Dogs for Seniors Are The Best Thing You Can Do For Yourself

What are the best breeds for dogs for seniors, or does that really have anything to do with it.

Small dog breeds are better suited for senior women that live on their own according, to several experts.

However, that still all depends on you and what you like.

These experts will also suggest that the smaller the better, as well as the overall energy level of the breed.

But again, that will all depend on you and what you are looking for.

Dogs for Seniors

Here are some facts and questions that you should consider if you are about to get a dog for the first time in several years, or the first time ever.

Before electing any breed of dogs for seniors, ask yourself a few questions first.

  • Are you willing to change?
  • Will you be traveling a lot in the near future?
  • Will your overall health allow you to keep a dog?
  • What kind of dog do you really want?
  • What will happen to the dog if you can no longer care for it?
  • Can you really afford a dog?

These are all legitimate questions you should ask yourself. However, if you are a long time dog owner like me and my wife, these are mute points.

However, that is really what this website is all about and that is discussion and maybe making some changes to some generalized thought processes.

For example, like I mentioned in pets for seniors, we have been dog owners for 41 years.

However, in those 41 years we have never owned a female until about 5 months ago when we adopted “Lucy” from the Autauga Humane Society in Prattville Alabama. 

So even for us things change as we age and make some different decisions. We have taken in a stray dog before, but never adopted until now.

We are both totally blown away by this dog, but more on that later.

Couple At The Beach With Their DogCouple At The Beach With Their Dog

The Questions

Here again are the questions for dogs for seniors.

Are you willing to change?

Dogs will change your time schedule, your behaviors and your overall way of life. Are you really ready for that or is that exactly what you want.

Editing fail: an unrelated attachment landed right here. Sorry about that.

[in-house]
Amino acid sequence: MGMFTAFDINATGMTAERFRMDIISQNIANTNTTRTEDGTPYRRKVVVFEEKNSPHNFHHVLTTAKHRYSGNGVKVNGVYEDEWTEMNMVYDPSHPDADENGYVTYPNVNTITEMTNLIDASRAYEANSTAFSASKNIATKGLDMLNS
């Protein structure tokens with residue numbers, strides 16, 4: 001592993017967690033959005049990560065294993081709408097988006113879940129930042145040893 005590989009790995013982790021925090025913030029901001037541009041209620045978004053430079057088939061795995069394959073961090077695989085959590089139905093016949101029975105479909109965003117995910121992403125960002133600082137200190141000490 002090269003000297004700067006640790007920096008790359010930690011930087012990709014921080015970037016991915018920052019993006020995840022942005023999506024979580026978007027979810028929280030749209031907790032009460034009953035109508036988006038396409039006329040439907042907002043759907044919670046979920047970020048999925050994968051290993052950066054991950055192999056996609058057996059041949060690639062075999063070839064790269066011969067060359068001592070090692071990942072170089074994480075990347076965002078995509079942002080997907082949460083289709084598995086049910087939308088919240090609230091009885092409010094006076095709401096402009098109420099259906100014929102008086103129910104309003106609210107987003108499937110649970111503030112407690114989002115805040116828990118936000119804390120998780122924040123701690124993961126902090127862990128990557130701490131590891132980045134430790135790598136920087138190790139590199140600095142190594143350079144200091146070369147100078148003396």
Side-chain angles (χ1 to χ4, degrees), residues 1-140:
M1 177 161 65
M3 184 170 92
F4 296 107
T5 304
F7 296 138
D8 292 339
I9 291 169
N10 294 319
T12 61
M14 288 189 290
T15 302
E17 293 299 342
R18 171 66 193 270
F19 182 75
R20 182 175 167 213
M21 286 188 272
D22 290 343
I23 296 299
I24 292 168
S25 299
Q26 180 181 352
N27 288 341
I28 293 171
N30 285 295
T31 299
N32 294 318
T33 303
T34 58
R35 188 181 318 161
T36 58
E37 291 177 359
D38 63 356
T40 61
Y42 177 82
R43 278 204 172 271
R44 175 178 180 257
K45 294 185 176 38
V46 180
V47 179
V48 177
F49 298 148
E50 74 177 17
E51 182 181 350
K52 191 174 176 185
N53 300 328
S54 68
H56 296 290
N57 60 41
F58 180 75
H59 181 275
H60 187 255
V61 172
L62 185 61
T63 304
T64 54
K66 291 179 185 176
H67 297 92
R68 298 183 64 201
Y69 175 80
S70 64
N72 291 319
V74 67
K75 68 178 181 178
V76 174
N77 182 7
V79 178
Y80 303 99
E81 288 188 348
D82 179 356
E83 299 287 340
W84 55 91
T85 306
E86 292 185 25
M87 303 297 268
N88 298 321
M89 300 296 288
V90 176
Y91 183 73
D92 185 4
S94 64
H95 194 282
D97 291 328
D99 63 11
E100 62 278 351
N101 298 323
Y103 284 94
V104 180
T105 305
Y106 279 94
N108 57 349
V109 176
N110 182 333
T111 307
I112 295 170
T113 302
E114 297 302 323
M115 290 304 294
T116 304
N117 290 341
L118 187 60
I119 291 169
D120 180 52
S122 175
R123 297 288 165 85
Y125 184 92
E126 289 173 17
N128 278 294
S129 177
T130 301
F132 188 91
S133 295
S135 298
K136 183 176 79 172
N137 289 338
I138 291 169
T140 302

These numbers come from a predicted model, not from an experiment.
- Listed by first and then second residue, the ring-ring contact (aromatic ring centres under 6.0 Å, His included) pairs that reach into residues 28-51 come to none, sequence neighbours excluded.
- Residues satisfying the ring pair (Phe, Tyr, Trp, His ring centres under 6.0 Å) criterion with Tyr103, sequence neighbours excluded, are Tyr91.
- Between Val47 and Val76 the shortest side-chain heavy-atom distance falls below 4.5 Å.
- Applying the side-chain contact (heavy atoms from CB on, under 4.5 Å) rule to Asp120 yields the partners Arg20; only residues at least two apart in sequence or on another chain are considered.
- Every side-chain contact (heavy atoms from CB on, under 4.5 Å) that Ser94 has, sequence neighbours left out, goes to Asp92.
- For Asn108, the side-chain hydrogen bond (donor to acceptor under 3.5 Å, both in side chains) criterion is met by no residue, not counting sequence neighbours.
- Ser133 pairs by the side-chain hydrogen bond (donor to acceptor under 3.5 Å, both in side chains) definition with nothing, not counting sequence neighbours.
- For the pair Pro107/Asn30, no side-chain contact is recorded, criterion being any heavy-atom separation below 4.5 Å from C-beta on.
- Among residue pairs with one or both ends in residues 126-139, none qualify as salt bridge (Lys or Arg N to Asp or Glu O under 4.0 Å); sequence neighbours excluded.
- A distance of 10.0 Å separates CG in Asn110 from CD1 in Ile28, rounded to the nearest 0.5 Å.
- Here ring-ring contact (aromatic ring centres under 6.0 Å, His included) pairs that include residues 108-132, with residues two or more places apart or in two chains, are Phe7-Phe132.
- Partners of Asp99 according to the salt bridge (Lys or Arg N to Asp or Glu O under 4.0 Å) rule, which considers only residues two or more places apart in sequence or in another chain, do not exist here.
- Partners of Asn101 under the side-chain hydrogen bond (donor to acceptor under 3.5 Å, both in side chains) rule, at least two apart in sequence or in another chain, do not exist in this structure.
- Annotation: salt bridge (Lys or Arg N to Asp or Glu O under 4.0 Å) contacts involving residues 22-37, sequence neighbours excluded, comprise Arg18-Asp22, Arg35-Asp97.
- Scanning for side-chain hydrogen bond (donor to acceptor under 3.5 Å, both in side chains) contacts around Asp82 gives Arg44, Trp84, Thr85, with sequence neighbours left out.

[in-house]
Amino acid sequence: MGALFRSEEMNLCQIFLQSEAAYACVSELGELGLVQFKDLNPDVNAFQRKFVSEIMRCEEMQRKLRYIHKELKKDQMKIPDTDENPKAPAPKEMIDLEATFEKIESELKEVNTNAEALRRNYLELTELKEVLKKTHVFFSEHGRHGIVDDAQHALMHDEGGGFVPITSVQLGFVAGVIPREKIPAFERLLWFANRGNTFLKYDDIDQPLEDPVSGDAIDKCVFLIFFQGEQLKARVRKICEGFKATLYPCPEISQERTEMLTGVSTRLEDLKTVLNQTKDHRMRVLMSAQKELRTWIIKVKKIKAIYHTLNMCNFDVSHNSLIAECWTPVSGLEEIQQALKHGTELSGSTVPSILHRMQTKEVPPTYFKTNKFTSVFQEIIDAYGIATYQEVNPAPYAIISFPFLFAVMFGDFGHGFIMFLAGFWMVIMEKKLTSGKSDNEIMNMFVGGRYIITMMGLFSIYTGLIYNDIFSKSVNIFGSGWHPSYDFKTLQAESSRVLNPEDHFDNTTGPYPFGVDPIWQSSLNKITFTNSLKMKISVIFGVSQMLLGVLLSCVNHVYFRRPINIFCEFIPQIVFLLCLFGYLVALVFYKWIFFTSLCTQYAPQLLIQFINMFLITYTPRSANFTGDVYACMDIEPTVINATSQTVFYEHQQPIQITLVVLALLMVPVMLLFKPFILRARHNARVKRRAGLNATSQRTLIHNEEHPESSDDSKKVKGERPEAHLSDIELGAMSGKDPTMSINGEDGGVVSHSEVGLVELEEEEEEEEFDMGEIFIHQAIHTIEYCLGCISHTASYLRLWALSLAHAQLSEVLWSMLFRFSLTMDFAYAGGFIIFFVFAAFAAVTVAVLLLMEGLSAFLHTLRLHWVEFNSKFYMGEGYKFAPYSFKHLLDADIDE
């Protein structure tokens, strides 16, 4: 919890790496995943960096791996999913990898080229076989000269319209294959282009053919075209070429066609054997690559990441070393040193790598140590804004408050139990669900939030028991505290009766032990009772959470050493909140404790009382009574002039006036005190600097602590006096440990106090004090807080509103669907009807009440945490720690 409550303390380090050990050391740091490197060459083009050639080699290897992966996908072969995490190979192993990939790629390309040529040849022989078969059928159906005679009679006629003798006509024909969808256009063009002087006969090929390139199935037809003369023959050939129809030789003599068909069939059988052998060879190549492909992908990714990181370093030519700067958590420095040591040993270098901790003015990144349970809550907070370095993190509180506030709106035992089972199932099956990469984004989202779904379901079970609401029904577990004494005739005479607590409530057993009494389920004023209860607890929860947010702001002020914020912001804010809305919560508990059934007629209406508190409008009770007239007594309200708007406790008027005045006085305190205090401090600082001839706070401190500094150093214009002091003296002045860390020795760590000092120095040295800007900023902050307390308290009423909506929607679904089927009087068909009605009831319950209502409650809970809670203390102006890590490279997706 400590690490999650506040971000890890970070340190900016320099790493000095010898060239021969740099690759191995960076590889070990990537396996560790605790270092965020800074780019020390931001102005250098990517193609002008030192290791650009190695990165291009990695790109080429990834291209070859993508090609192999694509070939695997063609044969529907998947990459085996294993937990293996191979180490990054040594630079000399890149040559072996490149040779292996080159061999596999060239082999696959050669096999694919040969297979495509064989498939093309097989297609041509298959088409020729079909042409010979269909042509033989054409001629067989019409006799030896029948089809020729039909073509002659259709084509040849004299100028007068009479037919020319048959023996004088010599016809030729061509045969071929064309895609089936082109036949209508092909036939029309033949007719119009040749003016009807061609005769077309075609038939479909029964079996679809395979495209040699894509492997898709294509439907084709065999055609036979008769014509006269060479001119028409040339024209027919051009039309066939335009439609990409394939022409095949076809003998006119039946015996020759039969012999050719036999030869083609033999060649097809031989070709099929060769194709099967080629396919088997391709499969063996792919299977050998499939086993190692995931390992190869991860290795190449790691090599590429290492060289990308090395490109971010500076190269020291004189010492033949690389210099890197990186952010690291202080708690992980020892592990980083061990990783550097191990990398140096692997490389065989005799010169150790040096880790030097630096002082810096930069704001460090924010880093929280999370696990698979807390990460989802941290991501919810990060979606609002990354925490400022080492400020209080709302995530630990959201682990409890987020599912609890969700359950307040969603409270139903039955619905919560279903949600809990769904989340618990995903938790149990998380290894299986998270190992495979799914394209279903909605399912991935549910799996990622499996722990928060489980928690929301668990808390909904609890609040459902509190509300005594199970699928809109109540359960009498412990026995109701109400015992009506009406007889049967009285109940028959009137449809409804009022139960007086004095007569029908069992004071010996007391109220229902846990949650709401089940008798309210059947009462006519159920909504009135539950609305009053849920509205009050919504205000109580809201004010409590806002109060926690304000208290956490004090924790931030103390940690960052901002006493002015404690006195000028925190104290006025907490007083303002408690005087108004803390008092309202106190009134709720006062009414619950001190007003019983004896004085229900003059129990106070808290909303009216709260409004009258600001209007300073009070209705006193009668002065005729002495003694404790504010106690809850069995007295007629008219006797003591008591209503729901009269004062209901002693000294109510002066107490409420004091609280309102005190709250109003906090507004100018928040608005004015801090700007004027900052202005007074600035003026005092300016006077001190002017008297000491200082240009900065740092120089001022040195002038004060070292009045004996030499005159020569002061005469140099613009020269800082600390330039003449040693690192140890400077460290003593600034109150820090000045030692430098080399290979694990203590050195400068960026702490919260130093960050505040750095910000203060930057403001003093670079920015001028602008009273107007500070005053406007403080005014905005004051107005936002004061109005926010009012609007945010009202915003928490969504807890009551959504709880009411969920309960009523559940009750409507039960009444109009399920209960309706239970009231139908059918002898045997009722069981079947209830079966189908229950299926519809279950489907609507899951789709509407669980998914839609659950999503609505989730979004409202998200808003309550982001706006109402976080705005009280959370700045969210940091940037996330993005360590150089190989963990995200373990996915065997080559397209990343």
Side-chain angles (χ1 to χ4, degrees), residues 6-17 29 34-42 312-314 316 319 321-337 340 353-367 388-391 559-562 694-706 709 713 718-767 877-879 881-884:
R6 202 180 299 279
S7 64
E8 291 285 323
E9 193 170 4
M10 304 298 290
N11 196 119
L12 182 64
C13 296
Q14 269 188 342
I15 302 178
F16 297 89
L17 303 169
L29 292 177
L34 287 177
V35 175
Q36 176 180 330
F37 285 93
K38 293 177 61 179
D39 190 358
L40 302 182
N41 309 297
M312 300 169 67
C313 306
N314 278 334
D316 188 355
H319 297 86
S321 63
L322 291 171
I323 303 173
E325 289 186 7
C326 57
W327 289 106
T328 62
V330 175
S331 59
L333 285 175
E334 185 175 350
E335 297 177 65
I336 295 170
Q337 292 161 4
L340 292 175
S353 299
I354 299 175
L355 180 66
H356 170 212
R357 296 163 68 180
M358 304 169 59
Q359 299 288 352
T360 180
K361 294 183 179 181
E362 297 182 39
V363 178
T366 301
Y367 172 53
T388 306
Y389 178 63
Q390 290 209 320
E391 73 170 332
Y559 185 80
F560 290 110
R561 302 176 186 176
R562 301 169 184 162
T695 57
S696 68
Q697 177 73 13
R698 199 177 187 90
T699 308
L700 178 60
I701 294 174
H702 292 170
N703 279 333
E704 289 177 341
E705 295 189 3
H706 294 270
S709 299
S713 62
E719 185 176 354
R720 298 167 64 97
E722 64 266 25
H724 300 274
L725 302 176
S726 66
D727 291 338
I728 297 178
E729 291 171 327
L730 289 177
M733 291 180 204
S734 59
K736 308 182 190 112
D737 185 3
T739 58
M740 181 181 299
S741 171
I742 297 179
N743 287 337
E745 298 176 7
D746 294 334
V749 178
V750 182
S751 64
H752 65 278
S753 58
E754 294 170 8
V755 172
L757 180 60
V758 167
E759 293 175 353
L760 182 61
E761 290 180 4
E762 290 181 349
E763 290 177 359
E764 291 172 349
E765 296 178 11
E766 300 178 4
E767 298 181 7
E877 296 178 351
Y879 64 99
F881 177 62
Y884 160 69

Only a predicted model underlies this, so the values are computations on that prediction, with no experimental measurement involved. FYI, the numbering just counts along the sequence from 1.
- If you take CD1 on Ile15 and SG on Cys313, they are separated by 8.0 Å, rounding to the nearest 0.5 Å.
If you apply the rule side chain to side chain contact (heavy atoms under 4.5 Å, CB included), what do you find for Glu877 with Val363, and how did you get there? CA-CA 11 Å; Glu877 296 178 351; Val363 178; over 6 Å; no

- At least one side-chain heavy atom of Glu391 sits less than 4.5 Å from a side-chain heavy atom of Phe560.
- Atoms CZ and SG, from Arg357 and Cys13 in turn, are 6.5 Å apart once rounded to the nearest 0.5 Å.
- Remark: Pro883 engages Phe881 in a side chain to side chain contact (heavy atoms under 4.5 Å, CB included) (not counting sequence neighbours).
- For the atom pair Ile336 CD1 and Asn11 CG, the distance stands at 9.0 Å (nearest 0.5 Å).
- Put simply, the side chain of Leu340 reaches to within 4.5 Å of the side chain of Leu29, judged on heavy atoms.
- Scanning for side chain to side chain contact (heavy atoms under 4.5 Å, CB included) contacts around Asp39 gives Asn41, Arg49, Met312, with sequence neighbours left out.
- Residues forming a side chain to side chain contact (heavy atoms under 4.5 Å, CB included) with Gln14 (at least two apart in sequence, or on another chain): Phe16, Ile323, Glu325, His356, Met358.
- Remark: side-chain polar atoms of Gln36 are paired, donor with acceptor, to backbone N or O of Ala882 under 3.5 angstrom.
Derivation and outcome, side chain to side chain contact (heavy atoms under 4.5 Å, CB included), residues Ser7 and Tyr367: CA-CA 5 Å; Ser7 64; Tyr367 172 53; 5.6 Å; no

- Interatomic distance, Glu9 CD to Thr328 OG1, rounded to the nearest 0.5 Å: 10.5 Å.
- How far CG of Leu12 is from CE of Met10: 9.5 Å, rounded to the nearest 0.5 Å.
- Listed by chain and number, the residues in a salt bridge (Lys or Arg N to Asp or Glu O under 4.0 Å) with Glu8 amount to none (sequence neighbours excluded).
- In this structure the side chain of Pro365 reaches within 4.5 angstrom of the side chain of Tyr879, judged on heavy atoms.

I know that I have never met a dog I did not like. They are really one of the best things that can happen to you if you let it happen, and work with them to train and understand them.

But for a new owner, they will change your lifestyle.

Will you be traveling a lot in the future?

If you have already factored that in or are along time dog owner, it may not be an issue, but if not, it is a legitimate question. Are you going to take them with you?

Can you take them with you?

Can you afford to board them if not?  These are questions you should ask yourself.

Does your overall health allow you to keep a dog?

Now this is a loaded question, but a legitimate one. There is study after study that having a dog can have several physical benefits for their owners.

Dogs for seniors are well documented in study after study to have the following effects on their owners.

  • They can lower you blood pressure
  • They can lower you cholesterol levels as a result of the lower blood pressure
  • They can lower your heart rate
  • They can help fight depression
  • They can end your loneliness


Because they love you unconditionally and expect nothing in return other than your love and devotion and to eat and drink on a regular basis.

Unless you are physically unable to own a dog, think of all the potential benefits of dogs for seniors

More Questions

What kind of dog do you really want?

This is probably one of the tougher questions you must answer as dogs for seniors can be totally different as your life changes.

But here is my advice from years of experience. Forget what anyone is trying to tell you and let them select you.

What does that mean?

When we adopted Lucy, again we have never done that, we looked for about 2 hours.

My wife kept looking and choosing and I kept coming back to this dog that was not barking and just setting there staring at me.

When we walked her she did not jump up on us like she was saying “select me”. We did.

Let the dog pick you, you will shocked at the outcome.

What will happen to the dog if you can no longer care for it?

This is also a legitimate question and should be considered, but as we all know in life nothing is certain.

If something does happen there is always a network that can help, especially if you adopt a dog.

If you made every decision based on “what if” something happens, nothing may get done.

Can you really afford a dog?

The final of the questions for dogs for seniors is also legitimate. It cost us 125.00 to adopt, 300.00 to have her spayed, and that has been it thus far other than dog food.

A 50 pound bag of dog food cost us 48.00 and last for about 4 months.

Any pet is going to have to have checkups, just take that into consideration. If you adopt an older dog, there will be issues, but at least you have given them another chance at life.

No one can really answer these questions but you.

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